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Indo Persian New year, Navreh - Nowruz

Updated: Mar 27, 2019

People all over the world are the same, unless forced, to be different.

I started out with the intent to greet my Parsee and Iranian friends on Nowruz the Farsi New Year (21st March). a 3,000 year old Zoroastrian tradition.

I was pleasantly surprised to discover that it is almost identical to Navreh a 5075 year old Kashmiri Hindu tradition. It signals the start of Spring and the new year.

Preparation of the festivities begin with cleaning up their homes and buying new clothes.

On the eve of the new year they take a ritual bath to clean themselves up and prepare a special wheat cake and gather ingredients for the new year celebration.

In worship of the Divine that provides, nurture and protects them, Kashmiris set up the 'Thali' (metal plate) and in Persia its called 'Haft Seen'' set with specific items.

Almost identical in composition in both Iranian and Kashmiri cultures, the setting includes,

1. Apple and flowers

2. Green grass,

3. Wheat cake

4. Special kind of berry (walnuts in Kashmir)

5. Coins,

6. Garlic, (curd in Kashmir)

7. A special and sacred herb ('Somagh' in Persia and 'Wye' in Kasmir).

In Kashmir they also place a tiny pot of salt.

Kashmiris and Zoroastrians living away from their homeland also celebrate the feast of Divine Creation. Symbolising new growth, resurrection and eternal life to come.

On Nowruz the spread is blessed by the presence of either the Quran, Divan-e Hafez (poetry book of Hafez). Nowadays, a great number of Iranians prefer Shahnameh (the Epic of Kings) of Ferdowsi. Which is as an Iranian national book, more representative of Iranian identity, values and spirits, and appropriate for this ancient celebration.

In Kashmir the spread is augmented by the presentation of a Nakshetra-patri or Almanac with sacred verses read out by a learned elder or a Pandit. It indicates auspicious days and events as per the celestial bodies and their influence.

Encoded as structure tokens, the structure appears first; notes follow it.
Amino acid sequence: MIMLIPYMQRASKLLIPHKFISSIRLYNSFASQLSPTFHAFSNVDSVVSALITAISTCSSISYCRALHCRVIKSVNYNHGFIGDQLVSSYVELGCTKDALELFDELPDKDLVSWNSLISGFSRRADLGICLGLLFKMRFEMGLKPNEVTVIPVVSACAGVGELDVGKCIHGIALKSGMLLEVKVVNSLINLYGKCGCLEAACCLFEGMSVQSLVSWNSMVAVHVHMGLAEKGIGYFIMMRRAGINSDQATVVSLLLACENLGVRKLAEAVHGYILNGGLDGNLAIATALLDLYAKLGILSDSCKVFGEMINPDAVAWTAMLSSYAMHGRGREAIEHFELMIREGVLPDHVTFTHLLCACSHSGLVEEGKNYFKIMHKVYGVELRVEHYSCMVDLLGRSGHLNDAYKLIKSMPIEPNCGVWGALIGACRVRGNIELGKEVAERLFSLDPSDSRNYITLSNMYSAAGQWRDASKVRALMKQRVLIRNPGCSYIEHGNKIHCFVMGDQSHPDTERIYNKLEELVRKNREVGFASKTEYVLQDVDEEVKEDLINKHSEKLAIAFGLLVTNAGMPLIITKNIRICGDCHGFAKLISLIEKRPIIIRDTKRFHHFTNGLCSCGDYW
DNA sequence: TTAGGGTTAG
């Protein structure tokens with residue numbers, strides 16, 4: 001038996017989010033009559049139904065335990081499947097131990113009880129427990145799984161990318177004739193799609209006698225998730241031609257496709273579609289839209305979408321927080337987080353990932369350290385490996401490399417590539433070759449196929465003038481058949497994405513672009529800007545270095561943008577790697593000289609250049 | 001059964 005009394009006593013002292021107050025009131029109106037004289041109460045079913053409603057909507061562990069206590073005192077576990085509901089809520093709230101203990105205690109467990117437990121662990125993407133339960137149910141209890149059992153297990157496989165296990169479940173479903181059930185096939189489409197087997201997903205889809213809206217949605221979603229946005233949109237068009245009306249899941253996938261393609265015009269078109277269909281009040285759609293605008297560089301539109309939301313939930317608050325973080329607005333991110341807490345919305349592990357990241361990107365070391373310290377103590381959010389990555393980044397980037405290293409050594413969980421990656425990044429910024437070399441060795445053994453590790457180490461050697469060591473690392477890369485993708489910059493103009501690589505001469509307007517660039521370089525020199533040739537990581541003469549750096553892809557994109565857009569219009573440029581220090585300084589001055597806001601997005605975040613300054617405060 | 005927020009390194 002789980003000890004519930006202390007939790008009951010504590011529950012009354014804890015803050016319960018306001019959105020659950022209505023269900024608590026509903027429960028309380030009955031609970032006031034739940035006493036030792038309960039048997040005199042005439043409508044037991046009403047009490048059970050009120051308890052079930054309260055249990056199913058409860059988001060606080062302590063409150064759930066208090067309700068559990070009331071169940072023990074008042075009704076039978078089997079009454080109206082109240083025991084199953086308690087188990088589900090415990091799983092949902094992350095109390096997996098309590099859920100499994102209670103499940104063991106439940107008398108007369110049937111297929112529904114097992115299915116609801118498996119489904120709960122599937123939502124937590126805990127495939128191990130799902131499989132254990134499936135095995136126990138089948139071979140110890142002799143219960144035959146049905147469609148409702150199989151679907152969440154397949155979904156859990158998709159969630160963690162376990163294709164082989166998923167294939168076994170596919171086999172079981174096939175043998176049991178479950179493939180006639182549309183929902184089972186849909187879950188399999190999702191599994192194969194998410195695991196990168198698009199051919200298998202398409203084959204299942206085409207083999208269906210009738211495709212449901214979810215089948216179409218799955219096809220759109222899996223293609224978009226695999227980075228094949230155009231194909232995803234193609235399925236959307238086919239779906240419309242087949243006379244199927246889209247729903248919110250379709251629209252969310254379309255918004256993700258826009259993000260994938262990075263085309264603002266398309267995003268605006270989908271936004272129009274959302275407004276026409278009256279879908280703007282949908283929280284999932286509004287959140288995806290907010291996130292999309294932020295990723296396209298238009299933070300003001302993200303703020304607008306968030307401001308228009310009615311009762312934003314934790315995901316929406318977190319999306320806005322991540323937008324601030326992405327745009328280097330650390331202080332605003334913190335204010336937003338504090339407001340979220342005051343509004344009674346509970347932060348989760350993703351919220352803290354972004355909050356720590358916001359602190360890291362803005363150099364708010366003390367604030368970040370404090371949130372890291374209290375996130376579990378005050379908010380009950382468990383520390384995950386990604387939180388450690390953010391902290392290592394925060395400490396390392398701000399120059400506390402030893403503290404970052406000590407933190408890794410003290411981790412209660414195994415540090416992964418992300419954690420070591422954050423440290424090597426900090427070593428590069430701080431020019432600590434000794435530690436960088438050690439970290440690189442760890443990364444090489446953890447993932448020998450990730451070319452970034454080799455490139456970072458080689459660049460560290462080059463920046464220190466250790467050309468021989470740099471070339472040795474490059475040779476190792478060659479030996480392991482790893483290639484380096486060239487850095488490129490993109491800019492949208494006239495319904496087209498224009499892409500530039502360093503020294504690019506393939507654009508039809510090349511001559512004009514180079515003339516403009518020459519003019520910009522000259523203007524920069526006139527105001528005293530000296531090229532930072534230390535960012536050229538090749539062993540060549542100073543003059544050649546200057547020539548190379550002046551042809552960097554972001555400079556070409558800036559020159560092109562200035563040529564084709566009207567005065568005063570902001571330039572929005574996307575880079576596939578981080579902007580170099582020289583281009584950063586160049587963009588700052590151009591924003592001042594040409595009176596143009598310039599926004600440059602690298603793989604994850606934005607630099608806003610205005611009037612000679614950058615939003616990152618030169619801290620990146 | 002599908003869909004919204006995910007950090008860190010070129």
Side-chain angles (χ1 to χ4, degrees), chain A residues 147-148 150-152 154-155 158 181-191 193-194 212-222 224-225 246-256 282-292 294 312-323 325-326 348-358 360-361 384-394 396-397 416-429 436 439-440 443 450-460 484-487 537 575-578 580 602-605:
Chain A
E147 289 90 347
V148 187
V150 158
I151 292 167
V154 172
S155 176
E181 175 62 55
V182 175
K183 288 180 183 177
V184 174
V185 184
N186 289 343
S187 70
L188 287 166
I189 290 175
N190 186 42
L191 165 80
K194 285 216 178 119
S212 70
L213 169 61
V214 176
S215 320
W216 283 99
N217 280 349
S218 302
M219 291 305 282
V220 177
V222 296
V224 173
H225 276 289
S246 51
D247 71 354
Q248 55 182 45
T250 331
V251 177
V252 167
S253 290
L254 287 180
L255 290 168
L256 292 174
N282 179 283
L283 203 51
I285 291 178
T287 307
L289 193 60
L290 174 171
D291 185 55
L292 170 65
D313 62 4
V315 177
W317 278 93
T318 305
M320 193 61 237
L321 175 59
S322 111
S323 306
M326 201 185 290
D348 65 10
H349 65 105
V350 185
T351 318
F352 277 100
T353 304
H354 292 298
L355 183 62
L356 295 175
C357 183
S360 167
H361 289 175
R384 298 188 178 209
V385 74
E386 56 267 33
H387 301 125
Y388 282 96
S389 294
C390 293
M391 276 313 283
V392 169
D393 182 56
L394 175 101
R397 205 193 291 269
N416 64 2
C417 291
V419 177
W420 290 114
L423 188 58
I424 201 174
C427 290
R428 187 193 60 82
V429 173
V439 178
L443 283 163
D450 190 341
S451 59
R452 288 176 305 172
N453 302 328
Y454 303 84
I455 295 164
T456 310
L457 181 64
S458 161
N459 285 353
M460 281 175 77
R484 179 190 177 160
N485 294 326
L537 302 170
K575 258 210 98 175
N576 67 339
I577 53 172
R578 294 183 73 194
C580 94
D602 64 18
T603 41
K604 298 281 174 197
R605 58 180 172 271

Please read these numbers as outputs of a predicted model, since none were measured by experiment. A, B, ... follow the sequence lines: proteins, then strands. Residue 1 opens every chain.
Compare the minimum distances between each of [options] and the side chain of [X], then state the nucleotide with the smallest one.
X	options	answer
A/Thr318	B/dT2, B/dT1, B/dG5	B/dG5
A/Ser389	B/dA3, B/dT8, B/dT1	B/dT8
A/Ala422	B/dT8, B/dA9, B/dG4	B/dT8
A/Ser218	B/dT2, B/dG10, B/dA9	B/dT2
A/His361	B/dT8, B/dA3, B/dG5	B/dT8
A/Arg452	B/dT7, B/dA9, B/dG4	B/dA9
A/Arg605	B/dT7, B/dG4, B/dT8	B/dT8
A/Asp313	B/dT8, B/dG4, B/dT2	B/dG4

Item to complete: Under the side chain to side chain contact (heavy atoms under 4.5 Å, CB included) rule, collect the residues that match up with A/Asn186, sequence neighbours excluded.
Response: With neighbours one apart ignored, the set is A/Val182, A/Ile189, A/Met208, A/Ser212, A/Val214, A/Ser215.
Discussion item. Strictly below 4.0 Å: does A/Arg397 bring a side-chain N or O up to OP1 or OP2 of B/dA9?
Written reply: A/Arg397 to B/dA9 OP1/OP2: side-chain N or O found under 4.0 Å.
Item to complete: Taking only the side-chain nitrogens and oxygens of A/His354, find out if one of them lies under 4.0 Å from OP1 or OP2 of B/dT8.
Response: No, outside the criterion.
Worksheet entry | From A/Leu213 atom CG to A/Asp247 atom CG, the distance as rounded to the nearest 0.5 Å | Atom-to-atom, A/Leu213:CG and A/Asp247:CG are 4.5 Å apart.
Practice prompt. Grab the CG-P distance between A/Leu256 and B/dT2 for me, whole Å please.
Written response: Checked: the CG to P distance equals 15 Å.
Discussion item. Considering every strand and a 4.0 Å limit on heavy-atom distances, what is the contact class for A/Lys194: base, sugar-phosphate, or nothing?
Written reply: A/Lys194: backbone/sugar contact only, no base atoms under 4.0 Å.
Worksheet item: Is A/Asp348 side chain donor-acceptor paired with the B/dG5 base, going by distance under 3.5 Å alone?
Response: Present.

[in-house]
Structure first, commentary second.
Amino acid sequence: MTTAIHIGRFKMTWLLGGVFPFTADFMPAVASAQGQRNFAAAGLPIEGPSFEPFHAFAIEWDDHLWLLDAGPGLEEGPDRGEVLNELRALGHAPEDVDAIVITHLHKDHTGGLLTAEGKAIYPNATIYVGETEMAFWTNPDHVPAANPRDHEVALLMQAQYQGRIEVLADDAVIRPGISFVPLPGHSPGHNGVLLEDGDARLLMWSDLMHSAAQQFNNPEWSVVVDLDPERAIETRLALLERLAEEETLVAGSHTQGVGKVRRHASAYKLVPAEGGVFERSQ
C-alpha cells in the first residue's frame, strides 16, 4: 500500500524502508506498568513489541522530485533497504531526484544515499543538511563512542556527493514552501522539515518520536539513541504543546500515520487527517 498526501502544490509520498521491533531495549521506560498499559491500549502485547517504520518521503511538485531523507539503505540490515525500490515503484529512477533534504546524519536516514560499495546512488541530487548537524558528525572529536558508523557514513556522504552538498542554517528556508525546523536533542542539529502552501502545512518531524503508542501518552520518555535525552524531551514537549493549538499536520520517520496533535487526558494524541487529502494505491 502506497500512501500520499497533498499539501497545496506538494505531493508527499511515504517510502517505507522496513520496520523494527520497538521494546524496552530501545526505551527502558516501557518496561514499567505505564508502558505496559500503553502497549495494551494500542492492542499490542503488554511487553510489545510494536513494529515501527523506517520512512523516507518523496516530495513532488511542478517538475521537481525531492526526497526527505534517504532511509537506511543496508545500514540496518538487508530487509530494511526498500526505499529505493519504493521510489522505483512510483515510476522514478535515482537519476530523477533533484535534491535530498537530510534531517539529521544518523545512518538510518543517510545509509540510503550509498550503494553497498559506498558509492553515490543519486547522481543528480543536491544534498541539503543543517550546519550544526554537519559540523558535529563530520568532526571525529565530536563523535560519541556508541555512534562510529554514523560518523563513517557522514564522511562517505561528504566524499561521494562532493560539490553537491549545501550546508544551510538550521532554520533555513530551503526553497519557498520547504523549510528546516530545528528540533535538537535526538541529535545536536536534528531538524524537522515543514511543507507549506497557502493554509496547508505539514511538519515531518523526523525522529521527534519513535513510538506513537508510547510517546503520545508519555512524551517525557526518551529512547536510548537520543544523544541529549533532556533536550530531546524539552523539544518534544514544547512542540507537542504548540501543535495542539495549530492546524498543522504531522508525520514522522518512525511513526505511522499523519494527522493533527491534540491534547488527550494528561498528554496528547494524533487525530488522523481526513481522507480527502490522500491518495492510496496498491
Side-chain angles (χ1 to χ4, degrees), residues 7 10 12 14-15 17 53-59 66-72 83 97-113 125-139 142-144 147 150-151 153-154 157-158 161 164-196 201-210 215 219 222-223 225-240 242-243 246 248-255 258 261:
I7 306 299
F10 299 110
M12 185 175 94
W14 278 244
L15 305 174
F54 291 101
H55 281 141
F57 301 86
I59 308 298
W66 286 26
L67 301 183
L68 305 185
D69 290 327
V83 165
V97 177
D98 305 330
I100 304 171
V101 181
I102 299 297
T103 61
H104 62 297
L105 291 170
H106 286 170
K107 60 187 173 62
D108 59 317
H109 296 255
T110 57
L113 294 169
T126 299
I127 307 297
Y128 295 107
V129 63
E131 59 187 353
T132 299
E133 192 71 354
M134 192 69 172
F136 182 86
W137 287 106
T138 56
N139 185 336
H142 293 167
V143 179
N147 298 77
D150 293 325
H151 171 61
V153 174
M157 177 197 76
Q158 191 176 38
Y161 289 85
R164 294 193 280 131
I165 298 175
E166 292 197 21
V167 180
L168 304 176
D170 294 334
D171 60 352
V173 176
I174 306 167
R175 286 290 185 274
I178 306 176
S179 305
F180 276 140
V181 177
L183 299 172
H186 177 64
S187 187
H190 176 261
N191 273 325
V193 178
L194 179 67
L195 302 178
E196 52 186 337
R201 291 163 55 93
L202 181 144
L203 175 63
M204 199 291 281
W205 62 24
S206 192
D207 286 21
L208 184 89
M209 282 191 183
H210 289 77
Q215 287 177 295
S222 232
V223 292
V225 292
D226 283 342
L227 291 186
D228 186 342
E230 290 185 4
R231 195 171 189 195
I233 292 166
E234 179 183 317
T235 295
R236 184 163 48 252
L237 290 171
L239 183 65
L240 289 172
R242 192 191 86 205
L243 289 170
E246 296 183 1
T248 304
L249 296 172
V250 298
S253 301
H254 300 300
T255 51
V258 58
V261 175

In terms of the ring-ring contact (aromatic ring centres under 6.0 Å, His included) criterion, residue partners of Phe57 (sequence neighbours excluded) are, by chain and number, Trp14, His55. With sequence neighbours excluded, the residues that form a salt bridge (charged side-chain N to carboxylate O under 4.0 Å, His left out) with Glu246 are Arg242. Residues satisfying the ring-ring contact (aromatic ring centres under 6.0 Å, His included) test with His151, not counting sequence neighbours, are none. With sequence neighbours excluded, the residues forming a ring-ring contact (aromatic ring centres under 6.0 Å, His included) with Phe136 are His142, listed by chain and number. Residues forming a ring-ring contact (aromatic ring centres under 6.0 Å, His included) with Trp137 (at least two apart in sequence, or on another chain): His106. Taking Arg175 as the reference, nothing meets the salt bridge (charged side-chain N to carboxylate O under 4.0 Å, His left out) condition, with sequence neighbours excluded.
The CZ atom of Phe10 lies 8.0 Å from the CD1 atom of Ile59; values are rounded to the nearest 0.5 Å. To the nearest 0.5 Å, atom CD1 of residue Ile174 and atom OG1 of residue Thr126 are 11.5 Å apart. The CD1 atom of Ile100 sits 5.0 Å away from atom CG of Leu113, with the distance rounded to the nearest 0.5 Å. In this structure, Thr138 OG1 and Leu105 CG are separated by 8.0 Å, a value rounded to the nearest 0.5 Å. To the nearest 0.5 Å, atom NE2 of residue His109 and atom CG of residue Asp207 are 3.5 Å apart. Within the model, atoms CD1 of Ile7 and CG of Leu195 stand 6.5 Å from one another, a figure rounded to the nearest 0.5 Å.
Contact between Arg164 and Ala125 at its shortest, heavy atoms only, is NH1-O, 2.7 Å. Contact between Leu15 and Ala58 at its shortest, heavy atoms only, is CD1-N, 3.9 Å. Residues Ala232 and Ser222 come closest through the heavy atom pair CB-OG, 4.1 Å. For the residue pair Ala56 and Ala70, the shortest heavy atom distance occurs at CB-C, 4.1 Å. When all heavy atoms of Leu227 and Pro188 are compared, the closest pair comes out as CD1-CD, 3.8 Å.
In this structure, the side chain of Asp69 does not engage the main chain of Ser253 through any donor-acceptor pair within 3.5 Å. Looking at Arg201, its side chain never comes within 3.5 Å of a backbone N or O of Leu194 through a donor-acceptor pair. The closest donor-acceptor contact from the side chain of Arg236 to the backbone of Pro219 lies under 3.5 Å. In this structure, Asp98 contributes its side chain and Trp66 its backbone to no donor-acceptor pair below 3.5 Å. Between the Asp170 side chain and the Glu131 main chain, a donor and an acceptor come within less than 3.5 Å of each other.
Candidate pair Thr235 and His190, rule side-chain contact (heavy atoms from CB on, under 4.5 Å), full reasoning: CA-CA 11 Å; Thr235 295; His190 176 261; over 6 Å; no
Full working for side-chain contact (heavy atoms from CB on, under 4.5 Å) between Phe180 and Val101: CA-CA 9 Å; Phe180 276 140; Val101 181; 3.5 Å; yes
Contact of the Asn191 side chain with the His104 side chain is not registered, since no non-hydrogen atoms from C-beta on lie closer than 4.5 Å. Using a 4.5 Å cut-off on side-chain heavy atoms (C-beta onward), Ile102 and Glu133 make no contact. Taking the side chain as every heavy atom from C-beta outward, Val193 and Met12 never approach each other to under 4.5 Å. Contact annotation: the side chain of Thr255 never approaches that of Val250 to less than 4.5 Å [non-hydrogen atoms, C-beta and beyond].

Nowruz Celebration

As the new year of Nowruz / Navreh is ushered in, people embrace one other and wish each other a happy new year. The Kashmiris bow to their elders and seek their blessings. They give presents to each other and the elders gift gold or silver coins and nowadays cash, to the younger ones.

The first few days are spent visiting older members of the family, relatives and friends. Children receive presents and sweets, special meals and in Iran Aajil or fruits are consumed.

On the night before the New Year, people enjoy a colourful traditional feast.

Iranians regard 13th day as a bad omen and believe that by going into the fields and parks they avoid misfortune.

Therefore on 'Sizdah Bedar', the 13th day of the new year is spent mostly outdoors with parks or nature indulging in festivities, picnics and play.

It is also believed that on this day unwed girls can wish for a husband by going into the fields and tying a knot between green shoots, symbolising a marital bond.

I wish all my brothers and sisters, the Kashmiris a happy Navreh and the Zoroastrians and Iranians a happy Nowruz.



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